I'll get straight to the point here: "General Home Buyer" leads are the easiest thing in the world to generate. If you're any good at lead gen and know how to operate the facebook advertising platform, you can maybe generate them for $2 - $3 per lead. The problem arrives when, even with excellent follow-up (automated or not), they generally ONLY convert at 0.5%.... AND they can take 5 to 8 phone calls just to get a pre-qual. So, let's crunch some numbers in this scenario... In order to close 1 loan, from a general home buyer lead campaign, you'll need to:
- Generate 200 leads
- AND Make 1,000 to 1,600 calls!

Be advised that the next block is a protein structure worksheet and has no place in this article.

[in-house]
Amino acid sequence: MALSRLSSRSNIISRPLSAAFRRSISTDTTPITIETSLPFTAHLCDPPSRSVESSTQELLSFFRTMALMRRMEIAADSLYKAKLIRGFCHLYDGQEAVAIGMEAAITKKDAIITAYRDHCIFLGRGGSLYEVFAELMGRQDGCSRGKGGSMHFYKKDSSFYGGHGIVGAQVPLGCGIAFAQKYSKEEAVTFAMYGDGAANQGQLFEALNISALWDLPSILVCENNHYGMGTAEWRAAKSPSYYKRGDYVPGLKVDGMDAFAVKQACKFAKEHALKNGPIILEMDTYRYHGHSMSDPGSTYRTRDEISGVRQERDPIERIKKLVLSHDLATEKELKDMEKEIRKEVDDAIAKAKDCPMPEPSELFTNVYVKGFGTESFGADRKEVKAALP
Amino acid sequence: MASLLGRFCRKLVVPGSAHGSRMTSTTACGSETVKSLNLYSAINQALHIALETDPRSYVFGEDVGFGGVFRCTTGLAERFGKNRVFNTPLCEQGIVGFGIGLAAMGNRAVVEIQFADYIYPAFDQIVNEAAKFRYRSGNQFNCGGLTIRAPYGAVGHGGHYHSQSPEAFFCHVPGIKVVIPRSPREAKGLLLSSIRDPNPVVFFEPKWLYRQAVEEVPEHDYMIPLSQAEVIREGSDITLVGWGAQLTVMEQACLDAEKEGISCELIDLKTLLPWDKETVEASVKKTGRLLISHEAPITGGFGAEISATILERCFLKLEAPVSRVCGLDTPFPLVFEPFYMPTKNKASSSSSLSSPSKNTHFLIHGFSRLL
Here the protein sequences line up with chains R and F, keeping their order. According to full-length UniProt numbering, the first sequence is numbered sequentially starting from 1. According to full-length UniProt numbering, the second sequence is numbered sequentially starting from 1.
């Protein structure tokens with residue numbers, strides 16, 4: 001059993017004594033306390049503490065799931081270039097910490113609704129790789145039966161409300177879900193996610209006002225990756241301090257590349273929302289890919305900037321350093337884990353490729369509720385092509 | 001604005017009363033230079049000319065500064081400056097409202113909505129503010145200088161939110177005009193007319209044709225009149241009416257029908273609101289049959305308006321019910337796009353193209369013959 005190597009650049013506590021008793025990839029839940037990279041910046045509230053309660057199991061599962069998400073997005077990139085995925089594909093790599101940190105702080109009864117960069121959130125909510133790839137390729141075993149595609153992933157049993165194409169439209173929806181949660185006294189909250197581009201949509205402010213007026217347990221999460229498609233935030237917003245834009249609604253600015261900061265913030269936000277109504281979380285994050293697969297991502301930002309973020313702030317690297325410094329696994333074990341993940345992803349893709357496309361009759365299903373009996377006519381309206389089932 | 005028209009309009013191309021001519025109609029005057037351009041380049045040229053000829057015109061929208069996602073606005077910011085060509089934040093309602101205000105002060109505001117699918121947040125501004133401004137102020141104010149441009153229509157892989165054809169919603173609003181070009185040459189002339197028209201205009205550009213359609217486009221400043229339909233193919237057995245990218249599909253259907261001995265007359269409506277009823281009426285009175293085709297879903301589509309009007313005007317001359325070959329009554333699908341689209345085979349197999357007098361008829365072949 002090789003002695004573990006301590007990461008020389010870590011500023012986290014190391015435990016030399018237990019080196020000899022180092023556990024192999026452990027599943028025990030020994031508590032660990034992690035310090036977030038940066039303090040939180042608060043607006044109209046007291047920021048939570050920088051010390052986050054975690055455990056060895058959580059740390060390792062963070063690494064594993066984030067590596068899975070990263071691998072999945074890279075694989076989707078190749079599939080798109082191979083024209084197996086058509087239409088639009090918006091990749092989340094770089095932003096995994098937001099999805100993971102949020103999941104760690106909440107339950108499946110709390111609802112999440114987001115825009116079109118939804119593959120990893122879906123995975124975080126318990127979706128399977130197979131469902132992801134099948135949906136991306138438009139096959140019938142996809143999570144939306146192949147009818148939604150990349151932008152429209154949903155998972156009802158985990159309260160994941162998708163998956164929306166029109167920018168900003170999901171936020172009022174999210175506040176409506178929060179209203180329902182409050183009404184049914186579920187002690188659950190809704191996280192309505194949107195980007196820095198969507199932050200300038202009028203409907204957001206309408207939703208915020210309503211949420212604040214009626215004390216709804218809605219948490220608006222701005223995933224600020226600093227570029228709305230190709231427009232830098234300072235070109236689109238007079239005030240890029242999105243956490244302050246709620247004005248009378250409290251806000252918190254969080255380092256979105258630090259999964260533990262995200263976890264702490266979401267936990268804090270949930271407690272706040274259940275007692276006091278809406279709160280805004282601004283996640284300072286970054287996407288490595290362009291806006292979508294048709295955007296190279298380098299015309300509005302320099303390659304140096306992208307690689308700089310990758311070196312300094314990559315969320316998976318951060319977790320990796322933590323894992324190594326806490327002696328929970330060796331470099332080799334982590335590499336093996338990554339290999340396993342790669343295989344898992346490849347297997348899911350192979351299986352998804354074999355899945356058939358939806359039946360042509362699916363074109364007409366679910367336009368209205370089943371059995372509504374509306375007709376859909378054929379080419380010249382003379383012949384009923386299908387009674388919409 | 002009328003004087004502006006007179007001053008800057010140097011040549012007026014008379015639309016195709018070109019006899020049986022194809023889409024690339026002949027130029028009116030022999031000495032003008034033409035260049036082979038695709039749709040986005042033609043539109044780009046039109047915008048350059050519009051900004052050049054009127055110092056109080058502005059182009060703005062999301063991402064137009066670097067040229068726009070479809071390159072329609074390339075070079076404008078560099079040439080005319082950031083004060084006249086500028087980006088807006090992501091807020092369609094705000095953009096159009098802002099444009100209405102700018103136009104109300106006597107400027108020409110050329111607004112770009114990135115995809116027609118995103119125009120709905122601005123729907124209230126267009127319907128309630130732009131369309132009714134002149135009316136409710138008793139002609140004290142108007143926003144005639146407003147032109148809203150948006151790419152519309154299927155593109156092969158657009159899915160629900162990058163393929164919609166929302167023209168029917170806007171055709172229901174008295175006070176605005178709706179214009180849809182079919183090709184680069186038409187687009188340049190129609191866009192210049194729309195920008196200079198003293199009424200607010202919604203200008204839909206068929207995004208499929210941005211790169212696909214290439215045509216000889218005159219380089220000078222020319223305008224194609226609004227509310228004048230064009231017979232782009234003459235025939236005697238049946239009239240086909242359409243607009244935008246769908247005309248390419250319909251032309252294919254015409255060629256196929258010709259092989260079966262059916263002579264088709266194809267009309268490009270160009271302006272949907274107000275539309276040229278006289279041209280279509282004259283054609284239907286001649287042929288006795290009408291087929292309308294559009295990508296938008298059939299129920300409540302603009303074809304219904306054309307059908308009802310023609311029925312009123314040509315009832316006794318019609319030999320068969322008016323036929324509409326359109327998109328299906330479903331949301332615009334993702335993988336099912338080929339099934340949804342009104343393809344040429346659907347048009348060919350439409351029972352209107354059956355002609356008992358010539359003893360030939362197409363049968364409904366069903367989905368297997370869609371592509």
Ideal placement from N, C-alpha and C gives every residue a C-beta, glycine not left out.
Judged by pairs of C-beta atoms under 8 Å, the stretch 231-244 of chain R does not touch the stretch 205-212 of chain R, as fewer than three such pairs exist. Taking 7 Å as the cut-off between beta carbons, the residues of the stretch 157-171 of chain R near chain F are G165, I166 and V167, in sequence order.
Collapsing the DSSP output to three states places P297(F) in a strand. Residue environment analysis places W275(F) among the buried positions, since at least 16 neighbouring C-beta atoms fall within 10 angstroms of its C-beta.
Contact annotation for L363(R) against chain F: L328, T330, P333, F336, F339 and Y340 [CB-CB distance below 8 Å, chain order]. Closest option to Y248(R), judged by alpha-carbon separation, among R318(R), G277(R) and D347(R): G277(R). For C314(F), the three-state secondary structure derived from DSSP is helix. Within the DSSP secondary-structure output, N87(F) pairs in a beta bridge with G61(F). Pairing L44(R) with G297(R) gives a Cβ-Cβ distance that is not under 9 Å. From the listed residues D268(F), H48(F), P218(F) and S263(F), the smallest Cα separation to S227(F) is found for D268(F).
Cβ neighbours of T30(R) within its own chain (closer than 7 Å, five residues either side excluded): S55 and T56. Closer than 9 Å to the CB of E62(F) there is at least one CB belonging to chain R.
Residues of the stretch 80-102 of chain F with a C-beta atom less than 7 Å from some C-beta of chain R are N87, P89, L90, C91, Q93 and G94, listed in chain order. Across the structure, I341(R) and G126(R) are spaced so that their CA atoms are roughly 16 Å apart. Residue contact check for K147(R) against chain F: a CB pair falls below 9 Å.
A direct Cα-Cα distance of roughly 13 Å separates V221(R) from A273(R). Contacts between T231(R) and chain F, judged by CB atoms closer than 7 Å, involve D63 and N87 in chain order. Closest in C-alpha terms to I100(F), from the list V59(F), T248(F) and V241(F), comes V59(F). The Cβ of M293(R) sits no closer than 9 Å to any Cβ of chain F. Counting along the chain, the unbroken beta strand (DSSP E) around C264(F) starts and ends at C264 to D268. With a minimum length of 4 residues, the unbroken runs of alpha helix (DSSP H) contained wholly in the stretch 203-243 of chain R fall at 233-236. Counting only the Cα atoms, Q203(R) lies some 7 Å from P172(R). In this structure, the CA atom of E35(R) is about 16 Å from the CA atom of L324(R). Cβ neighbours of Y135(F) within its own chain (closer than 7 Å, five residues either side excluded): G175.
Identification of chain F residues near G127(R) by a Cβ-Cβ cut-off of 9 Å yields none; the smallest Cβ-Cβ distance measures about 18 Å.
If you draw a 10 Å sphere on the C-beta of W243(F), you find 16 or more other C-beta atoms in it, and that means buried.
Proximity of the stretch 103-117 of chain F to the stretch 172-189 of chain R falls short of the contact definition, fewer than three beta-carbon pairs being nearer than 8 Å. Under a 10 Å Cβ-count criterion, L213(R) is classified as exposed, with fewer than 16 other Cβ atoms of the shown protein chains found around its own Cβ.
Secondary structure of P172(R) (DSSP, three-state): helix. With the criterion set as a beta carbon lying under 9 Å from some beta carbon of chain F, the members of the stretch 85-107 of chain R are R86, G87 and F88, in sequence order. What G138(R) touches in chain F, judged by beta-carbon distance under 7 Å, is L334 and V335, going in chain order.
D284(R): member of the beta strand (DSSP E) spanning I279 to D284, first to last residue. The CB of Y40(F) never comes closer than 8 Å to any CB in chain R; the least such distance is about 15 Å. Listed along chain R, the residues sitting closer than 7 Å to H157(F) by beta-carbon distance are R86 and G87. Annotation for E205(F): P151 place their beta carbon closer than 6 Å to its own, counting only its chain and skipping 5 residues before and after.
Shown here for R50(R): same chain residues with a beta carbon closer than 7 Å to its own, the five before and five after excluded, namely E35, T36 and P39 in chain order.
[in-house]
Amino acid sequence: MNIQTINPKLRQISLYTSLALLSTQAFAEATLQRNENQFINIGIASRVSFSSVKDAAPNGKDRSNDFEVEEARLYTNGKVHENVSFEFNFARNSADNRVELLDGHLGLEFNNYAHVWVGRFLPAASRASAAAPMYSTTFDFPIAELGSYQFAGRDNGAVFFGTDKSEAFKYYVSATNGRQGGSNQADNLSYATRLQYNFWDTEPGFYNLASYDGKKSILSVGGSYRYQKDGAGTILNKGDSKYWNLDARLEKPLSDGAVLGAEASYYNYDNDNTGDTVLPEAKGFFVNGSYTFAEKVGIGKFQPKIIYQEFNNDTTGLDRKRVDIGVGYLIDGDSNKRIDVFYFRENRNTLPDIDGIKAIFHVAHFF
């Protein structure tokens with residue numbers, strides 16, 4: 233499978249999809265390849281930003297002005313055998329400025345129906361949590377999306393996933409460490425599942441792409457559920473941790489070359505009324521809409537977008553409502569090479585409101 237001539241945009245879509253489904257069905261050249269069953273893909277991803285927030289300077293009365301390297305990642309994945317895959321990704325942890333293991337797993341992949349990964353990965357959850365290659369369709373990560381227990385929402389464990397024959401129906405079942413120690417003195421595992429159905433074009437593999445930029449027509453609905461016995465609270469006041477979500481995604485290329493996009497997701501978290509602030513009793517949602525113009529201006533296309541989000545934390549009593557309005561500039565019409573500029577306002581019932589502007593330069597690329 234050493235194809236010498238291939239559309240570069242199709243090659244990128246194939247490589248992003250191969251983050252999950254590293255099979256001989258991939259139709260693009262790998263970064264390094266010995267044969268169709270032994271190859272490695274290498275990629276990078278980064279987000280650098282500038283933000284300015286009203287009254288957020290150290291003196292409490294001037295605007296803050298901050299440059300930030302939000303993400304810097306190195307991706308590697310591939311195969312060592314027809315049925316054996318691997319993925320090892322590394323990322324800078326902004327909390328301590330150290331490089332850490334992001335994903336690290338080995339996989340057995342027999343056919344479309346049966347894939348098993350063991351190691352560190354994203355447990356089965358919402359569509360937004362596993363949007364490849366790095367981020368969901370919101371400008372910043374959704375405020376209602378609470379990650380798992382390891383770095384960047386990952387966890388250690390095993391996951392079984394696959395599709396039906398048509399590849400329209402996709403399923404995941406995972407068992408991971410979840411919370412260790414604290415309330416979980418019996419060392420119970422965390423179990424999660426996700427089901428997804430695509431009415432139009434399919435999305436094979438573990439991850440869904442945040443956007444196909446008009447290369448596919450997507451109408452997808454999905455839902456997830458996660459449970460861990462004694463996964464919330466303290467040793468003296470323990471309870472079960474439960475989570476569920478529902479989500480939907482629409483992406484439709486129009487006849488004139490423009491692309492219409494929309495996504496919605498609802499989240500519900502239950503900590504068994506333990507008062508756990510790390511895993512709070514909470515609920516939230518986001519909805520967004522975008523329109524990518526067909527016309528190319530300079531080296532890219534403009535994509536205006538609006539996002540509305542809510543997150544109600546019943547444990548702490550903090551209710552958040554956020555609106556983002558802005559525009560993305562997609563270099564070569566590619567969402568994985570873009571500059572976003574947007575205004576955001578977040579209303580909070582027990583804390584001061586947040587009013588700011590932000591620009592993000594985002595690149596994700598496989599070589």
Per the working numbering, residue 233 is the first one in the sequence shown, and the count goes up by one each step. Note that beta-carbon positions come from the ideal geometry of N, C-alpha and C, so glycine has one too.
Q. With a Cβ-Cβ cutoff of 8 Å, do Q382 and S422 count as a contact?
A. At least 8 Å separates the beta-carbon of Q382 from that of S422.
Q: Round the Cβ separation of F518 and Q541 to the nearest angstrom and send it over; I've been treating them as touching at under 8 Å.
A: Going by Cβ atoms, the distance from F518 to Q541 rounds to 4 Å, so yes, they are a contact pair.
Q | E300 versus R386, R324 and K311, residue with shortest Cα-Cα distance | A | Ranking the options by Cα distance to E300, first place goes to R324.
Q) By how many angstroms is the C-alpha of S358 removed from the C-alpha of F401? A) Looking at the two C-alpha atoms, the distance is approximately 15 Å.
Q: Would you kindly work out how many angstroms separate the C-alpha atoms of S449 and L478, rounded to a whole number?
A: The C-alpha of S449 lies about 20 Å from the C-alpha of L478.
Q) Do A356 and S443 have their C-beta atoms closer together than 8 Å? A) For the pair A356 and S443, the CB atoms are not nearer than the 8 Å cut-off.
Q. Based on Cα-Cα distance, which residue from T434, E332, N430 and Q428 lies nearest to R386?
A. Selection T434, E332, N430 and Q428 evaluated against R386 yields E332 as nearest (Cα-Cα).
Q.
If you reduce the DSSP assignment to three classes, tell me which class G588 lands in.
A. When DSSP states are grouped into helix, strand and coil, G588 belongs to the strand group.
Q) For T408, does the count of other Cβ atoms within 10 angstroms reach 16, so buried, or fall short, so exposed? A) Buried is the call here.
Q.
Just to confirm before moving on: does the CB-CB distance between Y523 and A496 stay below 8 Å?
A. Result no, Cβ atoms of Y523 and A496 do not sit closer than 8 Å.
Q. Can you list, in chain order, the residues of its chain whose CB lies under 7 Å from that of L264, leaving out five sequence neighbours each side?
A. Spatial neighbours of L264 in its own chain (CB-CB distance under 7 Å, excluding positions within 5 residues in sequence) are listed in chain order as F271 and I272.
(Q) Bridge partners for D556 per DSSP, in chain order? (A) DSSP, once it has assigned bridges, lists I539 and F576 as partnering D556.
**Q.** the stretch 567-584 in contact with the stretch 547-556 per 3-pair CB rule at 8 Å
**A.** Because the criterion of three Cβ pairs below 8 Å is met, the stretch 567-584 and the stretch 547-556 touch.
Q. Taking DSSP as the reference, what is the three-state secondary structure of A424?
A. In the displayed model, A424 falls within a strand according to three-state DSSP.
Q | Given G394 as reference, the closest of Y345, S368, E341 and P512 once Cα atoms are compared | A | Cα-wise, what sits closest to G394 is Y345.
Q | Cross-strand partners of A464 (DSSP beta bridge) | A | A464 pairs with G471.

...Ain't nobody got time for that! That's why when we run mortgage or real estate campaigns, we ALWAYS go after specific niches. These "niches" in our playbook is defined as a hyper targeted audience who we also know to generally be qualified as a homebuyer (this means including looking at things like consistent and substantial income). For example, I've been getting bombarded with questions as to why I keep posting about VA loans... Let me explain: Veterans frequently have VA benefits (hello "consistent and substantial income"), which nearly instantly qualifies them as a homebuyer lead. On top of this, they receive additional benefits that SIGNIFICANTLY increase their chance of being approved. Ask any mortgage broker, they would sweep up a VA loan client in a heartbeat. Compared to general home buyers, VA clients are way easier to finalize. Oh, and by the way...the campaign we run for VA loans closes at 4-8% AND generally only take a couple phone calls to do so. While the CPL (Cost Per Lead) comes out higher for this campaign around $20 CPL, it makes WAY more sense when we crunch the numbers again. FOR EXAMPLE: 📉Broker 1 spends $600 for General Leads to generate 200 leads, then makes 1000+ phone calls, just to close 1 loan 🙃 OR 📈Broker 2 spends $600 for 30 VA leads, makes 60 phone calls, to close 2 to 3 loans 😀 It's pretty clear which Broker is taking their family out to a nice dinner next month. Which one are you?